A heartbroken mum lives in fear her 11-year-old daughter could take her own life after discovering cruel bullies ‘told her to kill herself’ over her thick eyebrows.
Mum-of-two Aimee Cowen, 34, was horrified when daughter Halle confessed classmates had allegedly sent her a Snapchat video telling her “you’re ugly, you have a monobrow” and “you should just go and kill yourself”.
The distraught single mum claims her daughter has been the subject of ‘cruel and relentless’ bullying for about a year, which she said all began with kids taunting Halle because of her bushy brows.
Aimee, from Tasmania, has revealed for months her daughter heartbreakingly told her she didn’t “want to live anymore. I want to kill myself’.
“Throughout Halle’s time at primary school there were a few little incidents of bullying here and there, but nothing too serious,” said Aimee, who is also mum to seven-year-old Bree.
“I didn’t see any major changes in Halle until last year, but I just put all the mood swings down to hormones and getting older.
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“But one day I asked her to clean her room and she had a complete meltdown, saying ‘you don’t know what I’m going through mum’.
Halle then revealed to her mum how she was being bullied, taunted and isolated every day over her eyebrows.
“Boys would tell her that they would be her boyfriend if she ‘got rid of the monobrow’,” said Aimee.
“Then kids would tell her she couldn’t play with them or touch their football because she had germs.
“It’s just so horrible. She was coming home in tears every single day.
“Then she started saying that she didn’t want to live anymore and that she wanted to kill herself.
“To hear that someone has told my child to go and kill themselves is absolutely soul destroying.
Aimee has now launched a campaign to challenge Australian schools on how bullying is dealt with after another youngster, 14-year-old hat model Dolly Everett, killed herself in the Northern Territory earlier this year after also allegedly being taunted by bullies.
Halle’s school, which Aimee does not want to name, said it doesn’t tolerate bullying in any form, and is committed to ensuring a safe environment.
“You have so much love for your child from the day that they are born, and you just want to do anything you can to protect them,” said Aimee.
“I just can’t believe anyone could be so cruel as to tell someone that they should kill themselves.
“Her mood lowered so much, and she didn’t go to school for a week.
“She kept saying ‘Mum I don’t want to live anymore. I want to kill myself.’
“She was thought that it was the only way that she was going to get rid of the bullies.
“She even began pulling her hair and punching herself. I was so scared.”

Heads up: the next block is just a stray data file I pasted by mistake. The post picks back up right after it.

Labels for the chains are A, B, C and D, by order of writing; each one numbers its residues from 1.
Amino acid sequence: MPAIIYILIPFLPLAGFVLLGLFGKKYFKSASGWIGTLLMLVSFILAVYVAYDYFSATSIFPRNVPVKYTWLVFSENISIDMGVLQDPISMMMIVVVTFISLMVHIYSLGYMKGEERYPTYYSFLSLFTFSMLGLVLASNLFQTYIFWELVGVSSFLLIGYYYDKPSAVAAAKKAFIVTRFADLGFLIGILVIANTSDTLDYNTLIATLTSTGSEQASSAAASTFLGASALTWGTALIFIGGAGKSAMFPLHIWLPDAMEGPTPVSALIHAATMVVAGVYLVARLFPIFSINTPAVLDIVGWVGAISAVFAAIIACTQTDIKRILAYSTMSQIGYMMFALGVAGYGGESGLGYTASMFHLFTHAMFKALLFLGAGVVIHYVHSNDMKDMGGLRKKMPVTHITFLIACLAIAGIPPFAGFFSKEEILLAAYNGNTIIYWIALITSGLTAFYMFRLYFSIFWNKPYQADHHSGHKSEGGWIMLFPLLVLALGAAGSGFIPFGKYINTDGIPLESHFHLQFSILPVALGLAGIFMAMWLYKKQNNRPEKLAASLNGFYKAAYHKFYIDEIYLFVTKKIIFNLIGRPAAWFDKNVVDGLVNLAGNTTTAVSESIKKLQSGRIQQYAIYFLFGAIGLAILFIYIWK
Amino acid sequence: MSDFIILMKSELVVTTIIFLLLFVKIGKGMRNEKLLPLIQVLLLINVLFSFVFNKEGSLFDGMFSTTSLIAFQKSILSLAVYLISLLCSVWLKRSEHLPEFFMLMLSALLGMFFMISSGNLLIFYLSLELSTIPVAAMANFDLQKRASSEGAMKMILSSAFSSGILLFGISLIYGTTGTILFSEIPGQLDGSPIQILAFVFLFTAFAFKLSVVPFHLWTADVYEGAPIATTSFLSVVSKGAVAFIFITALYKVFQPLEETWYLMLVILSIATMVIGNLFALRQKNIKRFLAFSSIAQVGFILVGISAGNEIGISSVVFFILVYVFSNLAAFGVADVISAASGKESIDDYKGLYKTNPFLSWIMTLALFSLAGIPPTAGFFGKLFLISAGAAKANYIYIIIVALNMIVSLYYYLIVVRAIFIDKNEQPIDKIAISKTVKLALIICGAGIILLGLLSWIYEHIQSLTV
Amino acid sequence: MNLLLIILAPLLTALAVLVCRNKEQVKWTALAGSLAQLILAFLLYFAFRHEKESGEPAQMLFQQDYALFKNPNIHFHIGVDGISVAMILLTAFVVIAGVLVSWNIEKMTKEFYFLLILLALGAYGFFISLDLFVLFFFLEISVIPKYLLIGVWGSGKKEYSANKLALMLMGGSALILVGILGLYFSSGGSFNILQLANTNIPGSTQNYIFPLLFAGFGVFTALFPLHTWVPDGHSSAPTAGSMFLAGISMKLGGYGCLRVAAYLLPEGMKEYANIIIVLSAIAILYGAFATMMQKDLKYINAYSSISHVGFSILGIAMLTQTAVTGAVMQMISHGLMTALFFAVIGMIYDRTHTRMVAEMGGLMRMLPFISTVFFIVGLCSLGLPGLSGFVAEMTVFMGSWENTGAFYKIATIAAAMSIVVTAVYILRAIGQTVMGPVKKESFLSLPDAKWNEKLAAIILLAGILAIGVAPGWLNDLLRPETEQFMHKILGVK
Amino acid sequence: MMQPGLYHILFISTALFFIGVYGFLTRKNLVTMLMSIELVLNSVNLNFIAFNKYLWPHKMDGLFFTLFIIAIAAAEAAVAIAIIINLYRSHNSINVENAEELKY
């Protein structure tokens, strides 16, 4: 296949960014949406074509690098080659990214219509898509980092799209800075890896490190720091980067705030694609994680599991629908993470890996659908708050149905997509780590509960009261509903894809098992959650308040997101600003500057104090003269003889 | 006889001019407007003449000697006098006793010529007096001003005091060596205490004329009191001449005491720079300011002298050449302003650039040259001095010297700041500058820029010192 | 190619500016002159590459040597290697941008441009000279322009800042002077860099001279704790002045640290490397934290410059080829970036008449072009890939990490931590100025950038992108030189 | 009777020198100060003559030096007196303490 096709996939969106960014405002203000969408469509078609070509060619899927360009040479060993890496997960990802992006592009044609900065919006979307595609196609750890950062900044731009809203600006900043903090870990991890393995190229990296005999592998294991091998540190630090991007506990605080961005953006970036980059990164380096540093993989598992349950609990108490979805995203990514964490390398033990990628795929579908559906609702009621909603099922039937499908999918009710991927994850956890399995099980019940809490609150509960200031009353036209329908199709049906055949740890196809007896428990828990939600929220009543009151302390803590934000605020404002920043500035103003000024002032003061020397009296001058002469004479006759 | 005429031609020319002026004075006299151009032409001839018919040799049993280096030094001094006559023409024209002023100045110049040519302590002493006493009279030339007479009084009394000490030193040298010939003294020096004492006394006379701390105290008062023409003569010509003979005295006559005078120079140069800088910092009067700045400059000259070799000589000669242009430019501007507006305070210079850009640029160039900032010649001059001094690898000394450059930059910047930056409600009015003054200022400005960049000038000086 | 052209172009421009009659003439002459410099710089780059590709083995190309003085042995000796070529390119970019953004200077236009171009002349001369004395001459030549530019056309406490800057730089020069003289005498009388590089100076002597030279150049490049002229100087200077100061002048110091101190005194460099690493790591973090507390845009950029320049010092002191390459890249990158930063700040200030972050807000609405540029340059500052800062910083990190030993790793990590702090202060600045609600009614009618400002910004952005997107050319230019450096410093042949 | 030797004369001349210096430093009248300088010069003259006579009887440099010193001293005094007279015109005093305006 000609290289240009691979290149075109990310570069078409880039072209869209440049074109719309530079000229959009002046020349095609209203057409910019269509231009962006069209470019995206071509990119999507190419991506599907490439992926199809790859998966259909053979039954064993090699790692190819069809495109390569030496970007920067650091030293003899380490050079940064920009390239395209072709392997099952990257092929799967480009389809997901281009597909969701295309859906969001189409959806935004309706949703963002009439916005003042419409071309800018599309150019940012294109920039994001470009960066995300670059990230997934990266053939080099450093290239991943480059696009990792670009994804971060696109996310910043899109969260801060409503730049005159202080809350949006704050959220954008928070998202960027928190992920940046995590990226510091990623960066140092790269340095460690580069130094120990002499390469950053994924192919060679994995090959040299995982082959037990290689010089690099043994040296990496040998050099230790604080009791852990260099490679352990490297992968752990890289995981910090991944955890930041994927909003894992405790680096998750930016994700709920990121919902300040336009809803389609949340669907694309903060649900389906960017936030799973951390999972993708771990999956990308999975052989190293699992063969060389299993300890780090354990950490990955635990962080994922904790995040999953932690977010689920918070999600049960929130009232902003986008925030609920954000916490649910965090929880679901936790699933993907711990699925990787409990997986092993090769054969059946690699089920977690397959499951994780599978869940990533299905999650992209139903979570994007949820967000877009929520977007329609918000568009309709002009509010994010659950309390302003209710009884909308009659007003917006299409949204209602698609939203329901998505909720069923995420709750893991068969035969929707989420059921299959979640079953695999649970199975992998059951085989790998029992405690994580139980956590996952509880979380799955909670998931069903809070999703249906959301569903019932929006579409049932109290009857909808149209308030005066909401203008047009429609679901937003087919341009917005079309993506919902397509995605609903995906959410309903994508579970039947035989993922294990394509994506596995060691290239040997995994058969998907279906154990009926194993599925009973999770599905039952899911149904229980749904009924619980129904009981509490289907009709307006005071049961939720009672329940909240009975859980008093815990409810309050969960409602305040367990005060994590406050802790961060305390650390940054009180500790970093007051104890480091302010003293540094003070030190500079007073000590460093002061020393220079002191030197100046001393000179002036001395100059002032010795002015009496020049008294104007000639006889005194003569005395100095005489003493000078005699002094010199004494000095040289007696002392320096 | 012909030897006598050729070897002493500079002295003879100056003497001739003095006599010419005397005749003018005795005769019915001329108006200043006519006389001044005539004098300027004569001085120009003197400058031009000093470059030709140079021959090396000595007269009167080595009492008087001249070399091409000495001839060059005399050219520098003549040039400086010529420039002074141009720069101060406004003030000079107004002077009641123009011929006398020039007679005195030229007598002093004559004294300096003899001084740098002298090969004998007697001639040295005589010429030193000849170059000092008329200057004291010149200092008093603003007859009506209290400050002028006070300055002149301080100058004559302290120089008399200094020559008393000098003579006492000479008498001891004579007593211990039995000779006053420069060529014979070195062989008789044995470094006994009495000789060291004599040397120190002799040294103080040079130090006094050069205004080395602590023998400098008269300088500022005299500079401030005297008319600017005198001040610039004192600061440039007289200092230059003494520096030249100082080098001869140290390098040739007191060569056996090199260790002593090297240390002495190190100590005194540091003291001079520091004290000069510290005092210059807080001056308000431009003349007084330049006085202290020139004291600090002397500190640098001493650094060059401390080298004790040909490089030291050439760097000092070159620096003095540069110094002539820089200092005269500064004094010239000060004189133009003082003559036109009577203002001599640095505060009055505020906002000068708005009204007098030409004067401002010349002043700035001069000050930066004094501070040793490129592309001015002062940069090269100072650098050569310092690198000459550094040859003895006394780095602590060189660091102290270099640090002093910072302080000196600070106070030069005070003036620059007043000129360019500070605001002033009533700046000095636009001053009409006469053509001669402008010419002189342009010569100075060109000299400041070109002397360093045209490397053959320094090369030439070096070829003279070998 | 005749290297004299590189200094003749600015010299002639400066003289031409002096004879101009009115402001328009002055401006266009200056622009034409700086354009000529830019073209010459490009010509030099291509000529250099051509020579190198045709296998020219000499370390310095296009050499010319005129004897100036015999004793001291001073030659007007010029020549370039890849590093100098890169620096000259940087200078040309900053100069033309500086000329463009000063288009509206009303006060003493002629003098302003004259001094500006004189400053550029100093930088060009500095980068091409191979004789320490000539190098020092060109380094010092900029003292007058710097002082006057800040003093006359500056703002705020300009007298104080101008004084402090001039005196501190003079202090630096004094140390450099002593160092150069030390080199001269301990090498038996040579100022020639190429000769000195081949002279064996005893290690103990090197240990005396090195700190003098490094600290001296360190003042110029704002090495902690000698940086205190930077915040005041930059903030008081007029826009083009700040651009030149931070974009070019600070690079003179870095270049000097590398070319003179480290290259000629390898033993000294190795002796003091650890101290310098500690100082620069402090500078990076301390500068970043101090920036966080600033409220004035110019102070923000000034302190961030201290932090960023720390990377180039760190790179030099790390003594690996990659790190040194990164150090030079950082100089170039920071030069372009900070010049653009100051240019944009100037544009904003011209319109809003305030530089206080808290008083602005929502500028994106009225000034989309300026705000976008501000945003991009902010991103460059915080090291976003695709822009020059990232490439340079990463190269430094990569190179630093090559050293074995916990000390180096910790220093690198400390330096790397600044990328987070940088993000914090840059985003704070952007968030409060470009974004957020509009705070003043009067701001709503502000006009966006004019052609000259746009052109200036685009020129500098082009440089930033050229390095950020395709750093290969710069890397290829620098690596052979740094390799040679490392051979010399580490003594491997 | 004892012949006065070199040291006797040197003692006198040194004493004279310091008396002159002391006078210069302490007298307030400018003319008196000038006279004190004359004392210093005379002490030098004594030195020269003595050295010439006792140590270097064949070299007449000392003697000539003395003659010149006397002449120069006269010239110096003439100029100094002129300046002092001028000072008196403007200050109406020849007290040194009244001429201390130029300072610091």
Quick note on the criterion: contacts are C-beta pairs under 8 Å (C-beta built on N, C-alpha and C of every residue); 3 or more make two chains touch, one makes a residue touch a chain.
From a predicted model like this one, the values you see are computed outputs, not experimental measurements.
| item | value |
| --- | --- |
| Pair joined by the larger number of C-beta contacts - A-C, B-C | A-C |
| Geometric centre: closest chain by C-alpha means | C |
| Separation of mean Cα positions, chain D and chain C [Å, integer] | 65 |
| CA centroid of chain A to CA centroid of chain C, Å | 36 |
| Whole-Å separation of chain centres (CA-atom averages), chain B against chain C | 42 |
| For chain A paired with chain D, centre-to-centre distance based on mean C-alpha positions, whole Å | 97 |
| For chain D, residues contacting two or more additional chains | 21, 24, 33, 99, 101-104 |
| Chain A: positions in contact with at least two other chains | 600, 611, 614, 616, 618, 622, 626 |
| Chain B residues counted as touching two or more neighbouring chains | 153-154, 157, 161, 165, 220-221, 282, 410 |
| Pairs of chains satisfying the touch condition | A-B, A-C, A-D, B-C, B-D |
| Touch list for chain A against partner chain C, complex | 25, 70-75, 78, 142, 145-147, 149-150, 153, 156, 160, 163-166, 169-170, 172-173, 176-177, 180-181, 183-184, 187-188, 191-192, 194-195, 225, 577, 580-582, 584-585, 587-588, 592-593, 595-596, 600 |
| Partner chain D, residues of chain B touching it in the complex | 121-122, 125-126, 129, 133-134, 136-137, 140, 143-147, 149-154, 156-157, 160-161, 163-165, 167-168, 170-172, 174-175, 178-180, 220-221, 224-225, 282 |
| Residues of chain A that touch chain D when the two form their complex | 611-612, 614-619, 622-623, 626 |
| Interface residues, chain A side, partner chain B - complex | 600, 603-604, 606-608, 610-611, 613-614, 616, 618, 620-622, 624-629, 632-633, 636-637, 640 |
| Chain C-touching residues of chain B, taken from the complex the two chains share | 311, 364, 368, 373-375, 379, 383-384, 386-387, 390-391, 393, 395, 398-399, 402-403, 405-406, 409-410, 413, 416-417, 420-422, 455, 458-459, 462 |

Aimee, who was bullied as a youngster too, claims the school should have done more to support her daughter when she told them about the bullying.
She believes there needs to be more regulation, support and education available for both bullies and their victims in schools across Australia.
But the mum said she’s hopeful for change after some of the alleged bullies came forward and apologised to Halle.
“A lot of these kids who are bullies are struggling at home, and that’s quite often what us parents get told when our child has been bullied,” said Aimee.
“I am just shocked at how relentless kids are these days and it seems like the bullies have no limits.
“These days we raise our kids in a world of social media, and they’re going to find a way to use it whether we like it or now.
“There just needs to be more regulation from parents and schools, and constant monitoring of these kid’s social media accounts. Bullying doesn’t just end in the schoolyard anymore.
“Some bullies have come forward and taken it upon themselves to apologise, so I think that’s a really big step.
“Halle has been so strong through all of this. She is wise beyond her years and has a good head on her shoulders. I am so proud of her.”
A spokesperson from the Tasmanian Department of Education, speaking on behalf of Halle’s school, said: “Senior staff leaders at the school are committed to ensuring a safe and caring environment and working to support all learners and their families.
“The school’s policy against bullying, which is fully endorsed by the school association, takes a clear and coherent stand against bullying, and states that the school ‘does not tolerate bullying in any form’.
“The policy clearly outlines a range of responsibilities and actions that the school, students and parents are committed to.
“The school has also established a number of successful partnerships with external, community-based supports to further extend the reach of their work to support student wellbeing.”
- Additional reporting by Caters News.
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